FIG. 19 shows an embodiment that uses the detachable blade of FIGS. 17 and 18 which has an activation mechanism for placing the blade in an activation position. The trocar has a knob 103 with a pin 116 having a wedge 117 at the end of the pin 116. This knob is pressed downwardly against the force of a spring 118 (schematically illustrated in FIG. 19). The wedge 117 presses against the operating bar 119 connected to the blade 104 by the connection bars 204. This presses the operating bar 119 forward against a second spring 115. The cutting edges and the tip of the blade are outside of the blunt cone of the trocar pin for cutting (FIG. 20). Release of the knob 103 causes the blade operating bar 119 to move the blade 104 back into the cone of the trocar so that it is no longer in an active cutting position.
The embodiment of FIG. 19 provides the advantage that a surgeon can use the trocar for cutting when the blade is in the active cutting position and with a retracted blade can dialate the tissue by pressing the trocar into the tissue and rotating it back and forth. This method is preferable to surgeons when cutting the body wall fully through will make less compression than by dilation, if there will only be small bleeding.
The embodiment of FIG. 20 has an additional safety feature to prevent a surgeon from accidentally punching through a body wall with the blade out under high force. The activation of the blade is the same as that shown in the embodiment of FIG. 19. However, this embodiment prevents dilation with the blade out. This is accomplished by ensuring that cutting can only be done when there is a small force on the trocar handle, and that without the blade activated, maximum force can be applied with the trocar to provide dilation.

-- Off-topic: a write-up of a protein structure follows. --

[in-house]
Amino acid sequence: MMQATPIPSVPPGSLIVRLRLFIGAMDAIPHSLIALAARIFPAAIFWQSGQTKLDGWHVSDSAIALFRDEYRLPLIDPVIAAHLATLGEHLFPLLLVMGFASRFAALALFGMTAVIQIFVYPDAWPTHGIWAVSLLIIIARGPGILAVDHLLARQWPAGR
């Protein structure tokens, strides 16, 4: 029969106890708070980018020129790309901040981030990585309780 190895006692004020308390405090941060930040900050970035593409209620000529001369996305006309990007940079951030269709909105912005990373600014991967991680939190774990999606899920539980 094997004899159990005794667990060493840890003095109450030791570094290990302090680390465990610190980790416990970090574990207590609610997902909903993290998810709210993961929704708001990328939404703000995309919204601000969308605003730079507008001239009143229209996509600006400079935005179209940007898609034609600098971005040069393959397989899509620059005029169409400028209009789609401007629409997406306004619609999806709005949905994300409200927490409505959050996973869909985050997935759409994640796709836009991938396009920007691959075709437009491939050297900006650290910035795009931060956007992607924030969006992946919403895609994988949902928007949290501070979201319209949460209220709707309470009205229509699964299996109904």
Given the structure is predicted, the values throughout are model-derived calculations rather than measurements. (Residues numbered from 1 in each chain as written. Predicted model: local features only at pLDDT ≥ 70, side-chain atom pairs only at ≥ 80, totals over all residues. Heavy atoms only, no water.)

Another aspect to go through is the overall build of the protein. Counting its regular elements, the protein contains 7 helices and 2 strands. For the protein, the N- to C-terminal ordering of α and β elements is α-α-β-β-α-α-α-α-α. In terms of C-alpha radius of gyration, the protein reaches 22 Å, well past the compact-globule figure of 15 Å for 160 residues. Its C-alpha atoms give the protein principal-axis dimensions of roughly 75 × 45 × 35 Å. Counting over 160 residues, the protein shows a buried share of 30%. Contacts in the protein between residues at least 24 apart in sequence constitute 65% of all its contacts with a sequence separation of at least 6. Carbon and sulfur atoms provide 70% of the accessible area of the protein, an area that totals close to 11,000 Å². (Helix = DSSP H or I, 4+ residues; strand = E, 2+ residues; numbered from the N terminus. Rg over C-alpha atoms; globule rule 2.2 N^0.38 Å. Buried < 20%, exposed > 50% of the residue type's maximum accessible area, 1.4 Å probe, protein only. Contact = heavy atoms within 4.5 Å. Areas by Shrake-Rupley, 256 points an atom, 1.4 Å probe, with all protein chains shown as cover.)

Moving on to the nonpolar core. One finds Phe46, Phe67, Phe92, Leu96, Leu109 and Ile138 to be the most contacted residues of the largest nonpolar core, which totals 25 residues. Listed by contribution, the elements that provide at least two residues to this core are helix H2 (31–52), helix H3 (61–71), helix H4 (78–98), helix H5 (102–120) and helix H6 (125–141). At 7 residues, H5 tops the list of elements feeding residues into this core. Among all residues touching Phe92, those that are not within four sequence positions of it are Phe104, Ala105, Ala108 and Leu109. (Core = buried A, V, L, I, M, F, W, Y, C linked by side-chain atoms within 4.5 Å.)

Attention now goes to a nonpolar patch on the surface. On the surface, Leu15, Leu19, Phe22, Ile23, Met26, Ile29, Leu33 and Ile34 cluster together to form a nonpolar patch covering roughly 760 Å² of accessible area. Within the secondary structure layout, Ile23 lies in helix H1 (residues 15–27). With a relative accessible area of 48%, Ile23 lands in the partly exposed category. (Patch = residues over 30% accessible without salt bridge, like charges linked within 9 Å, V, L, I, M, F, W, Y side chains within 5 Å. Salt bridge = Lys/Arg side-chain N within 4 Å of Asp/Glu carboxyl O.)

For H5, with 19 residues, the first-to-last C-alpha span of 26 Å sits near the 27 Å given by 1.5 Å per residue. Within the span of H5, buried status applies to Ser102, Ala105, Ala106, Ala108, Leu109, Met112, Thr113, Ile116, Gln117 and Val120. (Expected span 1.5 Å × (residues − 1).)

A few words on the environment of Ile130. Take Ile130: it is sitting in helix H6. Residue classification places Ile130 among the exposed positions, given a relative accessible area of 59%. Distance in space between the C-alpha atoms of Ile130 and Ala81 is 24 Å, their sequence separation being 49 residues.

This is achieved by the provision of a handle 105 that is movable relative to the trocar pin 101 against the force of a spring 106. The handle 105 has a wedge 108, while the pin 107 of the knob 103 has a second wedge 108a, in addition to the wedge 117 that operates the operating bar 119. The wedge 108 of the handle 105 slides on the oblique end (the wedge 108a) of the pin 107. If a force is applied on the handle 105, the handle is moved against the trocar, pressing on the spring 106 so that the wedge 108 pushes the pin 107 upwards to cause the operating bar 119 to move the blade 104 to a deactivated position. A screw 109 engageable in a groove 110 is used to limit the travel of the handle 105.
By the above-described features, the trocar can only be pressed in with a large force into a body wall (dialating operation) when the blade is deactivated. If a surgeon has activated the blade and starts pressing with excessive force, the blade will move into the deactivated position to allow dialation. If further proceeding with dialation cannot be done, the surgeon can release the pressure from the handle 105 and operate the blade 104, but only under low force. This prevents the surgeon from punching through a body wall with an activated blade and pushing further into the interior of a body and cause injury to the inner organs. In the illustrated embodiment, the tip of the trocar is blunt so that no injuries will occur, even when the surgeon pushes against inner organs.